Unlock Character Slot: $10 (xp must be applied separately)
Unlock ability to play character while not actively earning xp: $10
Unlock training at a building to rank 10 (applies to all settlements server wide): $2.50
Unlock training at a building to rank 20(applies to each local building only): $5
Name Change: $5
Haircut (appearance redesign): $5
Race Change: $10
With a system above you can play for very little and only buy what you need. If you buy all of the unlocks you pay much more than a $50 box price. Granting the ability to play a character while not earning xp would be key to a f2p model, I would think. As mentioned by others, a plethora of pay for cosmetic baubles would be well received. I also would not be apposed to pay for items that produce a very minor game advantage. Tokens that grant 4 hrs of +15 to a specific knowledge type, 10% bonus to influence gain, out of combat land speed, or reputation recovery would be good examples of this. The key here, is it has to be very minor. I am very much against any system that actively advocates paying to win.
That all said, I personally greatly dislike f2p. Call me a grognard, but I like a box price and subscription as long as I can see active development for my money. I hate being nickled and dimed. For a f2p model to appeal to me, offer me an option to just subscribe and get it all for less than buying it piecemeal.
|Jokken 11.10.2015 06:08|
||It's a hex by hex thing rather than any relationship to terrain type. Some hexes have lots of dowser nodes while others have very few.|
|Jokken 11.06.2015 05:44|
I agree with you. If you put a $30 box price and then only offer 15 days your retention rate will be really bad. Why? Because this game takes about that long to actually wrap your head around. The key move here, as mentioned by Lisa previously, is to raise the box price to something like $40 and give 45 days with purchase. This does three things. First it gets a player fully acclimated into how the game works. Next, it allows enough time for a new player to make social connections with other new players and form a company or connect with an existing power block and integrate there. Last, it gives enough time for a focused player to train access to a T2 weapon and a T2 suit of armor allowing full access to content. The 15 day free trial was a horrible, horrible idea we can't take back, but we can put it behind us.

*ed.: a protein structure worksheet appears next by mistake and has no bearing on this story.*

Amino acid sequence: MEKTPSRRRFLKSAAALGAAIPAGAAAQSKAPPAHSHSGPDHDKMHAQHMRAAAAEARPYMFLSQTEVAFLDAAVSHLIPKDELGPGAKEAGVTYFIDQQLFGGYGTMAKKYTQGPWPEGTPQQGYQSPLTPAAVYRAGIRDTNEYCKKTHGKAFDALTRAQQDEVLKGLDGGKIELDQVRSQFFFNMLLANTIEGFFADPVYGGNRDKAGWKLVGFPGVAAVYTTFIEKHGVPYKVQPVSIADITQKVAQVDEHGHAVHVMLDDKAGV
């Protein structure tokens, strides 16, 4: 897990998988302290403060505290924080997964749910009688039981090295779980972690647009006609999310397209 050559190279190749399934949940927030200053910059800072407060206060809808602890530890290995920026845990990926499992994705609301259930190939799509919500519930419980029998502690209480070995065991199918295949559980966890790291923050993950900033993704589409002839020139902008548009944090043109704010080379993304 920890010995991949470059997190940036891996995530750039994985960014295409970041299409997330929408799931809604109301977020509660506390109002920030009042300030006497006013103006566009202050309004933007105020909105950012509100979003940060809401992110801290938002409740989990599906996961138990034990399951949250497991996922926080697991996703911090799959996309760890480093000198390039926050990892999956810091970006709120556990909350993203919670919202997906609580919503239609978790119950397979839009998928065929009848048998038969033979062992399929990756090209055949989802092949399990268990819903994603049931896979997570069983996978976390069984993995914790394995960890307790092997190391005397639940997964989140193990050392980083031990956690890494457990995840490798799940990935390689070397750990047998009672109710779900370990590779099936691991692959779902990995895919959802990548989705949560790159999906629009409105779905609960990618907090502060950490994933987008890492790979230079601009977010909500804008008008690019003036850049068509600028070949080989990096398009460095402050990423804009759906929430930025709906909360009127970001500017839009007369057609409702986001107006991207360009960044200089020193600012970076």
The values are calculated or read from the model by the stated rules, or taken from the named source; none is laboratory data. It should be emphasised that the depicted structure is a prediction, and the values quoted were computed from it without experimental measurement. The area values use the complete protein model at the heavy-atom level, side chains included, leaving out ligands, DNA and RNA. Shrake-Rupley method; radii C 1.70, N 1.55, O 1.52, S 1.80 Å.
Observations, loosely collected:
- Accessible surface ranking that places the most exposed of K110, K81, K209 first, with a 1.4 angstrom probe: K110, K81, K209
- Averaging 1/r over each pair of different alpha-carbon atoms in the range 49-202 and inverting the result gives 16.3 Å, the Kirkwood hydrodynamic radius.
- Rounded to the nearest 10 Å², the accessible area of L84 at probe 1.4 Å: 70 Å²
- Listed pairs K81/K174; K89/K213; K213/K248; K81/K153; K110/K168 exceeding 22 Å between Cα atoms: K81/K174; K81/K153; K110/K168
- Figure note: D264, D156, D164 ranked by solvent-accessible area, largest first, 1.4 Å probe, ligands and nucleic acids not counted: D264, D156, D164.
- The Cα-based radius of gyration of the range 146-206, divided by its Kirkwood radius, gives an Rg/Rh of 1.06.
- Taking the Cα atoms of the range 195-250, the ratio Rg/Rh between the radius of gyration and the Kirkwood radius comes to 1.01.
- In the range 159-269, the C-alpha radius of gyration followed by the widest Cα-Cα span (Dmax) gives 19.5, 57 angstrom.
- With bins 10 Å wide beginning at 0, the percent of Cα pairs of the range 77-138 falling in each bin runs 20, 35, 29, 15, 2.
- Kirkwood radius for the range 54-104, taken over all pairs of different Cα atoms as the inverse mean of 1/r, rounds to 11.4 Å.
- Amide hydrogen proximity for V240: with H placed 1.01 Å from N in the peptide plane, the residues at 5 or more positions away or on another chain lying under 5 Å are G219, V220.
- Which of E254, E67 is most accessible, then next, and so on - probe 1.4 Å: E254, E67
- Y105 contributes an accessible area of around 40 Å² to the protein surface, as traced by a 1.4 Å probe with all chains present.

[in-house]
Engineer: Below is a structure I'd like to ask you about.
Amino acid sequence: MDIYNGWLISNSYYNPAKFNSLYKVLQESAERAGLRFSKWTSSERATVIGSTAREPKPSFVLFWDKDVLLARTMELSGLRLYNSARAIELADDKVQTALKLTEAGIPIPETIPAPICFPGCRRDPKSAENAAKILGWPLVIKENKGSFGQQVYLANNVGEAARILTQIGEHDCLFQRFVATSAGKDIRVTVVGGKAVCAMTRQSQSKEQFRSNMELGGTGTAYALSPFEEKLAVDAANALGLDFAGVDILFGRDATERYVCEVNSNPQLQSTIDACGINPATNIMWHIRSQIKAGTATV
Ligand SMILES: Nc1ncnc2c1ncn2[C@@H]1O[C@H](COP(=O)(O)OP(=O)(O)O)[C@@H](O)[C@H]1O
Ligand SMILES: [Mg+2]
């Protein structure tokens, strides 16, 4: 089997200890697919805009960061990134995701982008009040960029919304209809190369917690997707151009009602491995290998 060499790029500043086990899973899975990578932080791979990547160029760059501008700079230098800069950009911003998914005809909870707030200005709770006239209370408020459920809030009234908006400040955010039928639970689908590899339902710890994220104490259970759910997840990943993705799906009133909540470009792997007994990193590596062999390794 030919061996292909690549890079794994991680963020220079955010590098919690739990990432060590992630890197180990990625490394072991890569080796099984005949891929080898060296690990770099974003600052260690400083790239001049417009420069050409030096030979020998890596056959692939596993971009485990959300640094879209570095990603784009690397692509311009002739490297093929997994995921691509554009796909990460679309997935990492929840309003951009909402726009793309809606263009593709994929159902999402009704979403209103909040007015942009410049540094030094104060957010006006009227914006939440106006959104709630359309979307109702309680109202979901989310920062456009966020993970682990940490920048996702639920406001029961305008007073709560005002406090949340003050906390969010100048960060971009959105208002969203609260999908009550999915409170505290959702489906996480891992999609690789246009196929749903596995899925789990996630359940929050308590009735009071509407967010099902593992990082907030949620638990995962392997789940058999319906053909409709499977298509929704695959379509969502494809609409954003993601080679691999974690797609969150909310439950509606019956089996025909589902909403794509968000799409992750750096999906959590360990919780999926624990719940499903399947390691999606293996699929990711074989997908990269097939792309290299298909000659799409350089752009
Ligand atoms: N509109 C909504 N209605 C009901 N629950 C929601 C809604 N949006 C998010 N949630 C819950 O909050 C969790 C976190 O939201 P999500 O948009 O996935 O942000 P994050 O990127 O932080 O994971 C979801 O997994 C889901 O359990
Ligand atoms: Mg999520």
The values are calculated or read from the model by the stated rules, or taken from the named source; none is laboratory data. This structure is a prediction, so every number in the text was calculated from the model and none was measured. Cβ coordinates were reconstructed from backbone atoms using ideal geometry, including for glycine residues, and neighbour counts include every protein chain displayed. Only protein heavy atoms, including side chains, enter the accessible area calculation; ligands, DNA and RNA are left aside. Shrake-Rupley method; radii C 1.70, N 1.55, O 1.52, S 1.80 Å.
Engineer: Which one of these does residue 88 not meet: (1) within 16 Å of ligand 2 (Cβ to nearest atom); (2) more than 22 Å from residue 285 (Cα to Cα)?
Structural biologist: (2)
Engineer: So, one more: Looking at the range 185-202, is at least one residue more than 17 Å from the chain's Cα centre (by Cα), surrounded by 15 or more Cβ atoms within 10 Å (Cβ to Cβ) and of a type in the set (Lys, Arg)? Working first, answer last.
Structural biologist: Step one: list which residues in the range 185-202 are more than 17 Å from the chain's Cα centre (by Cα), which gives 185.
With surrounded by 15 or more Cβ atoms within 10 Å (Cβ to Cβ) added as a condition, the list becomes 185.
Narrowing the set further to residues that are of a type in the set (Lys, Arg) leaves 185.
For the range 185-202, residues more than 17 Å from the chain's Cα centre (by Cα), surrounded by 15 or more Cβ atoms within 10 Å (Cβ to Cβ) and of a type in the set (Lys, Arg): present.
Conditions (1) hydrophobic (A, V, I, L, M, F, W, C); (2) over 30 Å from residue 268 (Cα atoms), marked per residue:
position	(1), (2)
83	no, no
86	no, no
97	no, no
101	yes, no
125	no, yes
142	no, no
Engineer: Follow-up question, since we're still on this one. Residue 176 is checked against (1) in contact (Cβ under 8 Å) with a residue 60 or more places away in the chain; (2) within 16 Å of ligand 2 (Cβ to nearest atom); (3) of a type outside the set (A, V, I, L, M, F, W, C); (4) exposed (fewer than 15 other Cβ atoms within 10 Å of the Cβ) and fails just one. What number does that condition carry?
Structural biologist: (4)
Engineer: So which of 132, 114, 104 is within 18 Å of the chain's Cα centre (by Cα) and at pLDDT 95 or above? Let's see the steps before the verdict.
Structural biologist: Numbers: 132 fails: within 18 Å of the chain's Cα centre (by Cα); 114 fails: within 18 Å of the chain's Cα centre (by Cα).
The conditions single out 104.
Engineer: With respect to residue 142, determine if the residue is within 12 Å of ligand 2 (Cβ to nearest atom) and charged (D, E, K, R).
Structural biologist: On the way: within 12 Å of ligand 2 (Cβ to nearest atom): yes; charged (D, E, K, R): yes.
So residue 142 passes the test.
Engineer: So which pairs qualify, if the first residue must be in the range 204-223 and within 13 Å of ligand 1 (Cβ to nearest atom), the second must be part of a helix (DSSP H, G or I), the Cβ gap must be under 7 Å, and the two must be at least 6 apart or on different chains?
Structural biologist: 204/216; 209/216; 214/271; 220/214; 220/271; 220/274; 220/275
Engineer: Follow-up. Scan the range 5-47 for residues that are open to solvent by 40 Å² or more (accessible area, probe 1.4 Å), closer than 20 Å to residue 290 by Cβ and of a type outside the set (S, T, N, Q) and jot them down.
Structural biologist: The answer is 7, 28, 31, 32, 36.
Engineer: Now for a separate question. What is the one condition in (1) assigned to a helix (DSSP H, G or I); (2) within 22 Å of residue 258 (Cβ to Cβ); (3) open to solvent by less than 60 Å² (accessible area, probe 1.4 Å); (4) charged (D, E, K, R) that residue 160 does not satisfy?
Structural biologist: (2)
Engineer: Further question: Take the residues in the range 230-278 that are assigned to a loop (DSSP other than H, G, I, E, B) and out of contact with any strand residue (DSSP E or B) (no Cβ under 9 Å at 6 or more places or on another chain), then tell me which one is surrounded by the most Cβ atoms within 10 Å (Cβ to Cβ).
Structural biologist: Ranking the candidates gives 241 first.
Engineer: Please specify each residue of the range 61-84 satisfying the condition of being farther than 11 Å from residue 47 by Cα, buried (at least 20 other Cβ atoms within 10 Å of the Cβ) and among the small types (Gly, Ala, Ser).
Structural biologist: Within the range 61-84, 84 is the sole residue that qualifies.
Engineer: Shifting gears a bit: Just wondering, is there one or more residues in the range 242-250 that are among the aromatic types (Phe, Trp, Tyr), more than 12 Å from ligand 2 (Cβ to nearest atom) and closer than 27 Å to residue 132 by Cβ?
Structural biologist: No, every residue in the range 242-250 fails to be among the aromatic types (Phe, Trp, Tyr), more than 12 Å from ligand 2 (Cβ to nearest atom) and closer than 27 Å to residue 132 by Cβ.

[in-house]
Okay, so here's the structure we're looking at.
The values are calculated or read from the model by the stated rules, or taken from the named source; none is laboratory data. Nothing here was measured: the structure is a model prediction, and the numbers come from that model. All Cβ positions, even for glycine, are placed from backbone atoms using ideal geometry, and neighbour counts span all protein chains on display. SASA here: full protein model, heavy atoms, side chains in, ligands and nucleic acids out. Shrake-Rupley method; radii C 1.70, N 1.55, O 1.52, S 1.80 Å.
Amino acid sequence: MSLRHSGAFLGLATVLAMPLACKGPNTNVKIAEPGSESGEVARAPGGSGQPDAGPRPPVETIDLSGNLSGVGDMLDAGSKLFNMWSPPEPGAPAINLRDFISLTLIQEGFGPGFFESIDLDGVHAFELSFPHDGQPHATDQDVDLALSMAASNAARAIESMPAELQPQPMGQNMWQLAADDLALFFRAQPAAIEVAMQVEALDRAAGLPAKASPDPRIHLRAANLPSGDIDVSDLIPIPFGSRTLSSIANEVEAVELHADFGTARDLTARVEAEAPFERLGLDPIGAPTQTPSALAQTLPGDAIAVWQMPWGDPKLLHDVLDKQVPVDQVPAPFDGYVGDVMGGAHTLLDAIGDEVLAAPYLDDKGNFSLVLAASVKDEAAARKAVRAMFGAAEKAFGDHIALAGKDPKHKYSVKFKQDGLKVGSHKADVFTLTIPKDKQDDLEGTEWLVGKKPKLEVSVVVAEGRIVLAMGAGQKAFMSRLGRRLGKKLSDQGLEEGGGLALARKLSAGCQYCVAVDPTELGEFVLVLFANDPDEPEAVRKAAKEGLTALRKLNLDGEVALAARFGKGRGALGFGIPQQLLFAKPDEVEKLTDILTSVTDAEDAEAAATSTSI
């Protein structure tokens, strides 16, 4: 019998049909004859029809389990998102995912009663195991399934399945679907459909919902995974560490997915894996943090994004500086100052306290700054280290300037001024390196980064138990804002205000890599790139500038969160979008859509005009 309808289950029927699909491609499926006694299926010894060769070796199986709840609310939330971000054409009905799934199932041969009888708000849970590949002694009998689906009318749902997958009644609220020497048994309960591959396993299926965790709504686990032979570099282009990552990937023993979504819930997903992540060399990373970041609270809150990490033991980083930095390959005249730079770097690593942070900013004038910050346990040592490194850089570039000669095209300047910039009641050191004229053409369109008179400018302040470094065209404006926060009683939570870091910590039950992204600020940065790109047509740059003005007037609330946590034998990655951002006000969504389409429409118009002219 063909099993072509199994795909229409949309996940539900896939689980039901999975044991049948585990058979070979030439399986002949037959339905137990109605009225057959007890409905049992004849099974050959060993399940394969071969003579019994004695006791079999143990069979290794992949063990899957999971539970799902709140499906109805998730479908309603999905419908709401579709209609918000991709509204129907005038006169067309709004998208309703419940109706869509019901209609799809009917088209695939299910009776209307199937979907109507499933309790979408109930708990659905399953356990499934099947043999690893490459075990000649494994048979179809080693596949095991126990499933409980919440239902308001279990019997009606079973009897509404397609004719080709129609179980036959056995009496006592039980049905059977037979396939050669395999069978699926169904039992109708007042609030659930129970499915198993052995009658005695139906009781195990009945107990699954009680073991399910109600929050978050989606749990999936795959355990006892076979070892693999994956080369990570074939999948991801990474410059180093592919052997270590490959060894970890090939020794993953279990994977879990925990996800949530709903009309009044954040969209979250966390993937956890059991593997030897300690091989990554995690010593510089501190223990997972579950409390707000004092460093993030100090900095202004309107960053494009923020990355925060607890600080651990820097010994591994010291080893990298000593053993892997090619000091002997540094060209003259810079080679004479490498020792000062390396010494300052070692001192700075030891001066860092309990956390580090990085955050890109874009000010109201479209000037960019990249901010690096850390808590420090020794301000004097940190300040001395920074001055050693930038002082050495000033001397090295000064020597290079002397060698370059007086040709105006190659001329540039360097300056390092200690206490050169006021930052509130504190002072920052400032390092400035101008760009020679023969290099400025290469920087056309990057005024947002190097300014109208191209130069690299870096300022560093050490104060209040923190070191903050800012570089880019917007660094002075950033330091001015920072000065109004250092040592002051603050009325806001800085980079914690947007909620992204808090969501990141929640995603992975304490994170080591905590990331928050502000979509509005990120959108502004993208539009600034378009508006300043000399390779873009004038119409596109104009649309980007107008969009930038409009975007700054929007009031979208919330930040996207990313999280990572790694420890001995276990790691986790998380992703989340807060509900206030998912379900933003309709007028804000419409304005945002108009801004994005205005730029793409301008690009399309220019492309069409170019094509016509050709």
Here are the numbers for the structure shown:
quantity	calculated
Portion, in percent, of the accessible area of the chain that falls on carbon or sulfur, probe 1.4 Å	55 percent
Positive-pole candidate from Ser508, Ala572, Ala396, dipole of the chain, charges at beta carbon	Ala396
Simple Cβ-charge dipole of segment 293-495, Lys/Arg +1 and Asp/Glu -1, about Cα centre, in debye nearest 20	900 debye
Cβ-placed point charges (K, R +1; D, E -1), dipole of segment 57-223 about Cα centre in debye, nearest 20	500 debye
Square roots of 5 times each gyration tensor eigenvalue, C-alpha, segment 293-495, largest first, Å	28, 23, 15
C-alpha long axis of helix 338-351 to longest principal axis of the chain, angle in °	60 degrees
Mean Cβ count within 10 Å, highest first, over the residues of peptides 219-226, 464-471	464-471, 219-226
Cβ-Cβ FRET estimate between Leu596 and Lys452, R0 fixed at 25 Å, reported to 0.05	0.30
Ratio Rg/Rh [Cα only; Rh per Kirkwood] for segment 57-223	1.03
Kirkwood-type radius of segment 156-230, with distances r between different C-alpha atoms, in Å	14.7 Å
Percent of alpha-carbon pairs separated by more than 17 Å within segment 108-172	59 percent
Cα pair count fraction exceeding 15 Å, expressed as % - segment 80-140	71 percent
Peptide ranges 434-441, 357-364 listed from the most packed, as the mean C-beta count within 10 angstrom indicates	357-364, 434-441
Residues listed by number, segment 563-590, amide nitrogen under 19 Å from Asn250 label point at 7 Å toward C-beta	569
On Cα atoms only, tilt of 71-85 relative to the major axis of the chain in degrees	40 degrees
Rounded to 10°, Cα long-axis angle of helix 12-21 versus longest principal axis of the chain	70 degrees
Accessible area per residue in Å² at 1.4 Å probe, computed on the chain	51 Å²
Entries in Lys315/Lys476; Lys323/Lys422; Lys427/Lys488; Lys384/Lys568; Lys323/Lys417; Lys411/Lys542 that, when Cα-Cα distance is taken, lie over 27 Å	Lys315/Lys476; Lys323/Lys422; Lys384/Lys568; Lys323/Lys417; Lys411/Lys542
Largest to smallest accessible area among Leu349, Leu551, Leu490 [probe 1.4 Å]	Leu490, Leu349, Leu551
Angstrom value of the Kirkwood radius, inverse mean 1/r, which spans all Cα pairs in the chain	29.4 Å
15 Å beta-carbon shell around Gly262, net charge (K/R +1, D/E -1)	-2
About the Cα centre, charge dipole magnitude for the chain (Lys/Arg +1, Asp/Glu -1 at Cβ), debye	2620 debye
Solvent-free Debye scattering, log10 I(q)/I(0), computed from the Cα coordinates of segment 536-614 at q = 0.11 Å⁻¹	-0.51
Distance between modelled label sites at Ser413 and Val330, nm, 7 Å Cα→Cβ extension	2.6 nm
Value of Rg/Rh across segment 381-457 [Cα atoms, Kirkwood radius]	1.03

Throughout this thread the main opposition to getting this game up on steam has basically been: "Don't do it, because there is an investor coming and if you put the game on steam now it will get a ton of bad reviews and the investor won't invest in it." To those people waiting for an investor with a two million dollar check to come in and save this game, unsub now. Stop wasting your time. There is very strong possibility this game will never secure outside funding. It has been trying to do this very thing for three years unsuccessfully. Capitol investors are not knocking down the doors of the MMO industry to invest. In the past 5 years we've watched one AAA title after another tank. The MMO, in many ways, is a dying breed. Luckily this game has never tried to be a AAA title.
No, for this game to see fruition, I feel the only path is support from it's player base and slow developed growth through subscription revenue. Steam Early Access is a vehicle to drive this subscription revenue. Is it going to fix this game and make it a flashy, polished, AAA title next year. Absolutely not. Not even a little bit. What it will do is bring 3-5k players into the game to check it out for 45 days and get some steam achievements. Out of those 500-1000 will stay and make there home here. End result? The initial push allows Goblinworks some cushion money to shore up shaky finances and the residual 1000 subscriptions works out to enough money to hire a couple more devs to move the ball forward.
I think in all this discussion we've forgotten a key truism. This game is FUN. Rough, unpolished, and far from finished but this game is fun. It is more fun when we have a player population creating content on a daily basis. There could be zero development past EE 11 aside from bug fixes and UI polish and I'd still be playing, provided enough others stay active so that I can group, grind, build, and wage war. We are dangerously close to sinking below that threshold at this time. It's time to get new players in the door and show them what the fun is about.
|Jokken 11.04.2015 11:24|
||No one disagrees that the game needs a major polish overhaul on quality of life features such as the party mechanic, chat, and inventory management. I feel, however, that it needs an engaged and active player base more. If this game could get to a threshold where 3000 active players were logging on daily, we'd really have something here. Steam early access might be the vehicle to take us there. I say give it a $40 price tag and include 45 days with purchase. This gets casual players into T2 for a bit so they can see what the game is really like.|
|Jokken 11.01.2015 07:57|
Huzzah good sir! Life in the West is the life for me.